Without God - Siberian Tunes: Purple Clouds (CD) Digipak

stoner doom metal, Solitude Productions, Doom Metal Rebirth
600.24 Р
Price in points: 1000 points
DMR 003 xs
In stock

The soil that has been cultivated by Without God for the past seven years since the phenomenal “Circus Of Freaks” gave a perfect harvest. The first crop has already been delivered in the form of the EP "Siberian Tunes: The Green Light", and now the second part has arrived in all its strength: the full-length album "Siberian Tunes: Purple Clouds" performed in a hard, dark and aggressive way, without mercy and compassion to listeners, pushing one straight into hell at full speed. The limited edition coming as a noble 4-panel digipack addressed to the true fans best expresses the message by Without God.

1. Bad Seeds
2. Escape
3. Celebration
4. Mask
5. Anxiety
6. Not A Care
7. Song Of The Stone
8. Winner

Without God
Artist Country:
Album Year:
Siberian Tunes: Purple Clouds
stoner doom metal
CD Album
Solitude Productions
Cat No:
DMR 003
Release Year:
Country Of Manufacture:
Rock Music Raider

This year already whelped pretty sturdy and traditionally-minded Doom Metal records that we still fondly remember. But the real rush towards oldish tears and trepidation started in 2020 when old-style doomers boarded the massive RMR 100-gun flagship with a mighty roar. Since then, our lookouts never stopped searching for more slow ‘n’ heavy sorrowful pieces.

One would typically go a-hunting on anglo-saxon shores for bands in that genre with – perhaps – a few injections from Western Europe. But sometimes the RMR radar will detect promising candidates from other spots on our vast globe. So, let’s head East for once.

The Russians of Without God with their newest album Siberian Tunes: Purple Clouds definitely qualify. Here’s a band that one would easily place somewhere in the boonies of the American Mid-West. Their Doom Metal comes with a deliciously sludgy stoner itch. One that’s full of stellar slow-marching riffs and roaring solos to die for. And all of that comes on a foundation of good old Stoner Metal stuffed to the gills with fuzz and wah-wah.

In a way, you’ll find a swampy version of Khemmis going full-tilt Crypt Sermon. And sometimes I had these crazy visions of Siberian Tunes slam in the middle of Black Sabbath’s older discography, somewhere around the Paranoid era. Or just thereafter.

And this is one record that takes no prisoners. Albeit that I would have liked the typical clear voice vocals to hit a bit more front-center. Those kinda sit in the background of the mix when they should be in yer face. Also, the band sports a tendency to noodle about the soundscape with needlessly lengthy bouts of riffing and soloing. And that starts to disturb the peace somewhat in the second half where quality tunes become scarcer.

That said, let me stress again that this is mostly high-octane Stoner Doom that them Russian boys lobbed in our direction. Already Bad Seeds with its Dane-ish1) vocals and stellar solo leaves you with no doubt where this is going. Mask – for instance – is that one track with that juicy oomph, a slow-moving heap of doomy groove that roared out of our music machine way too many times. Makes me wanna break out that olde bag o’ weed every time I hear it.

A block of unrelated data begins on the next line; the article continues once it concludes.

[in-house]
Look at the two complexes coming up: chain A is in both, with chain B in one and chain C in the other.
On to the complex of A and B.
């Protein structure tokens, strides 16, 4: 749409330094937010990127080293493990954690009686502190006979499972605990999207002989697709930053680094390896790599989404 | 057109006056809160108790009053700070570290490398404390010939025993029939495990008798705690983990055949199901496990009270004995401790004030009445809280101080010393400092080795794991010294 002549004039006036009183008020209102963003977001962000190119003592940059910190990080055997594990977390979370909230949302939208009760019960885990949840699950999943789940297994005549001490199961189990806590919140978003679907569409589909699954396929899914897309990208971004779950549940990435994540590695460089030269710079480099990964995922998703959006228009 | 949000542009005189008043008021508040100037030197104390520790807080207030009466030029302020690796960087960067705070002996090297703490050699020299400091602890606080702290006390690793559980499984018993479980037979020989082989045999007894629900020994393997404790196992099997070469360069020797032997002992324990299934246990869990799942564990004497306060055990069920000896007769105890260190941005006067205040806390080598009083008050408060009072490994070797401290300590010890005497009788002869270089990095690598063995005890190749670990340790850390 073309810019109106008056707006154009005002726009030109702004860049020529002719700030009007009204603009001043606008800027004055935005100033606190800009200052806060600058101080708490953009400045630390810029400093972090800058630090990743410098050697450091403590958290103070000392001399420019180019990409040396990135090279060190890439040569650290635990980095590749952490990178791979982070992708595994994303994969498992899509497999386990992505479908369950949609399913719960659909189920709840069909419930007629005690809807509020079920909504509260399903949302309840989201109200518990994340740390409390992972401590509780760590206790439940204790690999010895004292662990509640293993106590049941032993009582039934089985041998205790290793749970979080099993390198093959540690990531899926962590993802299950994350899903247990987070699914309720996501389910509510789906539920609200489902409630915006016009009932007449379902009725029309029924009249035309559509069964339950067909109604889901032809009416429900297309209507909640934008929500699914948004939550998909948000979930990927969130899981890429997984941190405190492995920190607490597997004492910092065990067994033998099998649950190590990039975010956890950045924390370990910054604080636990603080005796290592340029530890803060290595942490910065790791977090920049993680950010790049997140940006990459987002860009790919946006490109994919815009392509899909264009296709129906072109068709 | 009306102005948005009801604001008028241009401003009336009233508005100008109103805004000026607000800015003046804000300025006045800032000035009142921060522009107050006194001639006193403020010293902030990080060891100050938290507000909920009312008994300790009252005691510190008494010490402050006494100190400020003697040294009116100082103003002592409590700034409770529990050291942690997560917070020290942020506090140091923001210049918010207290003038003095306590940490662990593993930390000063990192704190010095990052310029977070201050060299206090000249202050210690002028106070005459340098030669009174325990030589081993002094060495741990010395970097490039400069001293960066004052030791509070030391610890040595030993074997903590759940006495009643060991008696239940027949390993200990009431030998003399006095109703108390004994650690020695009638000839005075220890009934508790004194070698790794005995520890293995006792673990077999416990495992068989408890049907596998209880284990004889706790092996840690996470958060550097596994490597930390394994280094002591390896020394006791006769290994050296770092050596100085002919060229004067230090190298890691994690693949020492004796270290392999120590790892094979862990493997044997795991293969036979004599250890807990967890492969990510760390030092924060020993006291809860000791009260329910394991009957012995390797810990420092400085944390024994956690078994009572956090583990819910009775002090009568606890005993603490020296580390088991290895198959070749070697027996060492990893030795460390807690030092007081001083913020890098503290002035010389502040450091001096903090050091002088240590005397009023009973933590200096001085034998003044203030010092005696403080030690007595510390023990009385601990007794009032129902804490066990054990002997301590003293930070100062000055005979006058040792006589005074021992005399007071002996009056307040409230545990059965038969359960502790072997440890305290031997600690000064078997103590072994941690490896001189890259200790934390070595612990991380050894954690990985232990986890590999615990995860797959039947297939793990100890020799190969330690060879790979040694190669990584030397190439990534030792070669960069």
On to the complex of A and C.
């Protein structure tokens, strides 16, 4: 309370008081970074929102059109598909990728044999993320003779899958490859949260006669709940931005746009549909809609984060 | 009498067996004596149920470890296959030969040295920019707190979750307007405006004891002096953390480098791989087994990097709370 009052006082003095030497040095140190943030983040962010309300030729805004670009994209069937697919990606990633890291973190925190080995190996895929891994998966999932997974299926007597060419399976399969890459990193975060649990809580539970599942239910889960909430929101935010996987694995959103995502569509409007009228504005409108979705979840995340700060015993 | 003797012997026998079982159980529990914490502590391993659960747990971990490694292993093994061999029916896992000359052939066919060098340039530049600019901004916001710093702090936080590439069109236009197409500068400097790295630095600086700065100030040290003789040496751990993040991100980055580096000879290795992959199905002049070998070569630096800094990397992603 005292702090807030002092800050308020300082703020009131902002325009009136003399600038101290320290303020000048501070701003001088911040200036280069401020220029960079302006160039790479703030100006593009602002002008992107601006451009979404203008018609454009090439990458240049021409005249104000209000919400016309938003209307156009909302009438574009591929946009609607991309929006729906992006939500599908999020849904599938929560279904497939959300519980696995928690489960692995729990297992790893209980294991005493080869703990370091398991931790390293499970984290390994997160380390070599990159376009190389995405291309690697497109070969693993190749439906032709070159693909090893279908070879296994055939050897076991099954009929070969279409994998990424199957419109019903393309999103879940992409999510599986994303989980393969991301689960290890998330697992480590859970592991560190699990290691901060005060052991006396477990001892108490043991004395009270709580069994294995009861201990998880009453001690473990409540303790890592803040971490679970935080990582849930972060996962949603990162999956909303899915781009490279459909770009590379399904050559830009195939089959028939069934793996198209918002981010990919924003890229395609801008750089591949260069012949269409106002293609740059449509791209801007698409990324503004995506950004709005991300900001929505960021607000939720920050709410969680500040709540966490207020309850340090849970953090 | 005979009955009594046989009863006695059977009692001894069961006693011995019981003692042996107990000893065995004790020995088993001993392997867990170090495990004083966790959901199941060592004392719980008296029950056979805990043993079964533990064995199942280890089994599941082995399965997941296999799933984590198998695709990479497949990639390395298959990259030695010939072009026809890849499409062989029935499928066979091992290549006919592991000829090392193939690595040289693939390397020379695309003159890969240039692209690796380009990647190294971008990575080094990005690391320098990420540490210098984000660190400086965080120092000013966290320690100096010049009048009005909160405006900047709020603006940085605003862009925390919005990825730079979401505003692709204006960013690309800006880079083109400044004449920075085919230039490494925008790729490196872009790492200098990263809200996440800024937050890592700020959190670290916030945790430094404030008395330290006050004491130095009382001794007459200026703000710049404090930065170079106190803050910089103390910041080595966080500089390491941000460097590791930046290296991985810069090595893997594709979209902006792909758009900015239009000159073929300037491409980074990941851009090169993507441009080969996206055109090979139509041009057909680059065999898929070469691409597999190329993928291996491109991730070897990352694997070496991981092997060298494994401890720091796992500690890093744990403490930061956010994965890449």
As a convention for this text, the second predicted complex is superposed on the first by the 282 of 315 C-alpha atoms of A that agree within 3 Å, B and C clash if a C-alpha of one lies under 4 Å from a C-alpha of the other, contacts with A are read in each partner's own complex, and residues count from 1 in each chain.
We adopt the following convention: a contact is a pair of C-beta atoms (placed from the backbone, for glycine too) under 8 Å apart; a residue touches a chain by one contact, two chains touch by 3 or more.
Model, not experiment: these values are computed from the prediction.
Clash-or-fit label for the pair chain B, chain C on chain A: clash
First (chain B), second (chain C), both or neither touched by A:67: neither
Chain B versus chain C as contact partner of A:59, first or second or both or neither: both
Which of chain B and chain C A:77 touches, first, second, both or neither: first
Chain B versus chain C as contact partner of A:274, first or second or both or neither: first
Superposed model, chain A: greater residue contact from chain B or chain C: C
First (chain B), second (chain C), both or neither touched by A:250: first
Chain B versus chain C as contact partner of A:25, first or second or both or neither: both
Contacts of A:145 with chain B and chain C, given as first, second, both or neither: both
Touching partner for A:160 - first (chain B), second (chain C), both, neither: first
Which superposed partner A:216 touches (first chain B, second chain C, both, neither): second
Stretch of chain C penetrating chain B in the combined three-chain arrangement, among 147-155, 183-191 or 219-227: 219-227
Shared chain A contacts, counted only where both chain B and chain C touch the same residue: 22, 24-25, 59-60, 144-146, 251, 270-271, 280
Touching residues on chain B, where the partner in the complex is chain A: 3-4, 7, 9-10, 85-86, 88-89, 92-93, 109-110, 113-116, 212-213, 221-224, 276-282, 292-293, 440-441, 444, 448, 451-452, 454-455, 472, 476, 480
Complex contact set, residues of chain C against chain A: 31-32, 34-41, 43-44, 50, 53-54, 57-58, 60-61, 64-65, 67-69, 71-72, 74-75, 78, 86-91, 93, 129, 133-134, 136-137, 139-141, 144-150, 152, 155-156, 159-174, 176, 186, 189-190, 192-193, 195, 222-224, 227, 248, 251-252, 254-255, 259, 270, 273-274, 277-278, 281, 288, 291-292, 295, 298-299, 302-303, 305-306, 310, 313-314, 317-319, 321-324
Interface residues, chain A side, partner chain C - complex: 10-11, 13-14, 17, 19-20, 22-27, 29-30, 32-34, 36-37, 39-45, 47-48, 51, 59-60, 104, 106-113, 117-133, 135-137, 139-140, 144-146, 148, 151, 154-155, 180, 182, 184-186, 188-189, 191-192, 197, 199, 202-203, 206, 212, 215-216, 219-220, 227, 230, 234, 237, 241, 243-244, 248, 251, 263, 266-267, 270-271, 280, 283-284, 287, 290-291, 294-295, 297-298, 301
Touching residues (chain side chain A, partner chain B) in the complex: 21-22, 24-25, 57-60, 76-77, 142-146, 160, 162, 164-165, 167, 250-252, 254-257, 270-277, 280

The slightly grungy beat of Celebration harkens back to times when steamy music halls and teen spirits were all the rage. In a typical doom manner, mind you, but – boy – this one here got my internal wayback machine running overtime. And whoever said that Without God could not manage a bout of psychedelic speed, right?

Now, Song of a Stone comes in second on Siberian Tunes. Where the aforementioned Mask was something that Crypt Sermon never thought of, this track here made our day. The wah-wah filled solos, the stately riffs, and – wait for it – a bit of an excursion into prog’s delights had our minds wandering off.

Unfortunately, where there is light, you’ll find darkness. I often deplore the uncanny length of a record and this one is no different. It does unfortunately contain a few duds in a relatively short tracklist. Not a Care, for instance, would be one of those that could have easily been dismissed from the tracklist. Just sayin’.

Ultimately, however, Siberian Tunes: Purple Clouds delivers Doom Metal just the way we crave it. And Without God turned out to be one of those rare bands fully worth its doomy salt. They indeed planted their stakes firmly where Doom Metal dwells and let everybody know about it. A juicy stream of well-balanced, sludgy, slightly psychedelic, stoner-infused sorrow.

Take heed, they will be going places.

Author: RockmusicRaider
Angry Metal Guy

It might sound strange, but I think the album that really sold doom metal to me was The Devil You Know from the Dio-led version of Black Sabbath briefly known as Heaven & Hell. I was a relatively new metal fan when that album came out in 2009, and I hadn’t yet tasted the depressing goodness of Candlemass or Solitude Aeturnus. But I knew Sabbath, and I knew Dio, making Heaven & Hell a must-listen for me. Being more accustomed to the faster genres at the time, I was blown away at just how sinister slow heavy metal music could be, and I played that record over and over in the garbage truck I was driving back then. In fact, I even blew out one of the speakers in said truck when the first big Iommi chords dropped after the soft intro to “Bible Black.” All of that to say, while I often forget that I love this style, a couple of times a year, an album comes along to stoke the dormant flame of doom in my heart. This is one of those albums.

Hailing from Russia, Without God formed back in 2008 and have released a pair of full-lengths, the last coming out in 2014. Reemerging in 2021, the band have already released a nice little EP entitled Siberian Tunes: The Green Light and have made the interesting choice to immediately follow it with related LP Siberian Tunes: Purple Clouds. Without God play a big, burly style of doom metal that manages to include a pretty large range of influences. Sabbath, Candlemass, Kyuss, Pentagram, Crowbar, Alice in Chains — I hear all of these among Purple Clouds‘ varied setlist, and the band have managed to blend it all into a cohesive sound.

The record kicks off with one of its most powerful tracks, “Bad Seeds.” The song’s main riff is monolithic goodness, and the verses drop into foreboding Candlemass territory. The tortured vocals of guitarist and frontman Anton hover above the music like Johan Längquist’s did on Epicus Doomicus Metallicus, and his solo near the end of the song is just pure stoner/doom goodness. “Escape” follows and dials things down to a sludgy crawl, and “Celebration” blasts into groovier and bluesier territory. The latter really reminds me — from the vocals, to the riffs and lead technique — of Victor Griffin’s (ex-Pentagram) work in his Place of Skulls project, and that’s always a good thing in my book. “Mask” is an absolute bulldozer of a track, its sludgy crawl not leaving an ounce of hope to be found in its wake. For the epic doom purists, “Song of the Stone” sounds like it could have come straight off of a Candlemass classic or off of Crypt Sermon‘s stellar debut.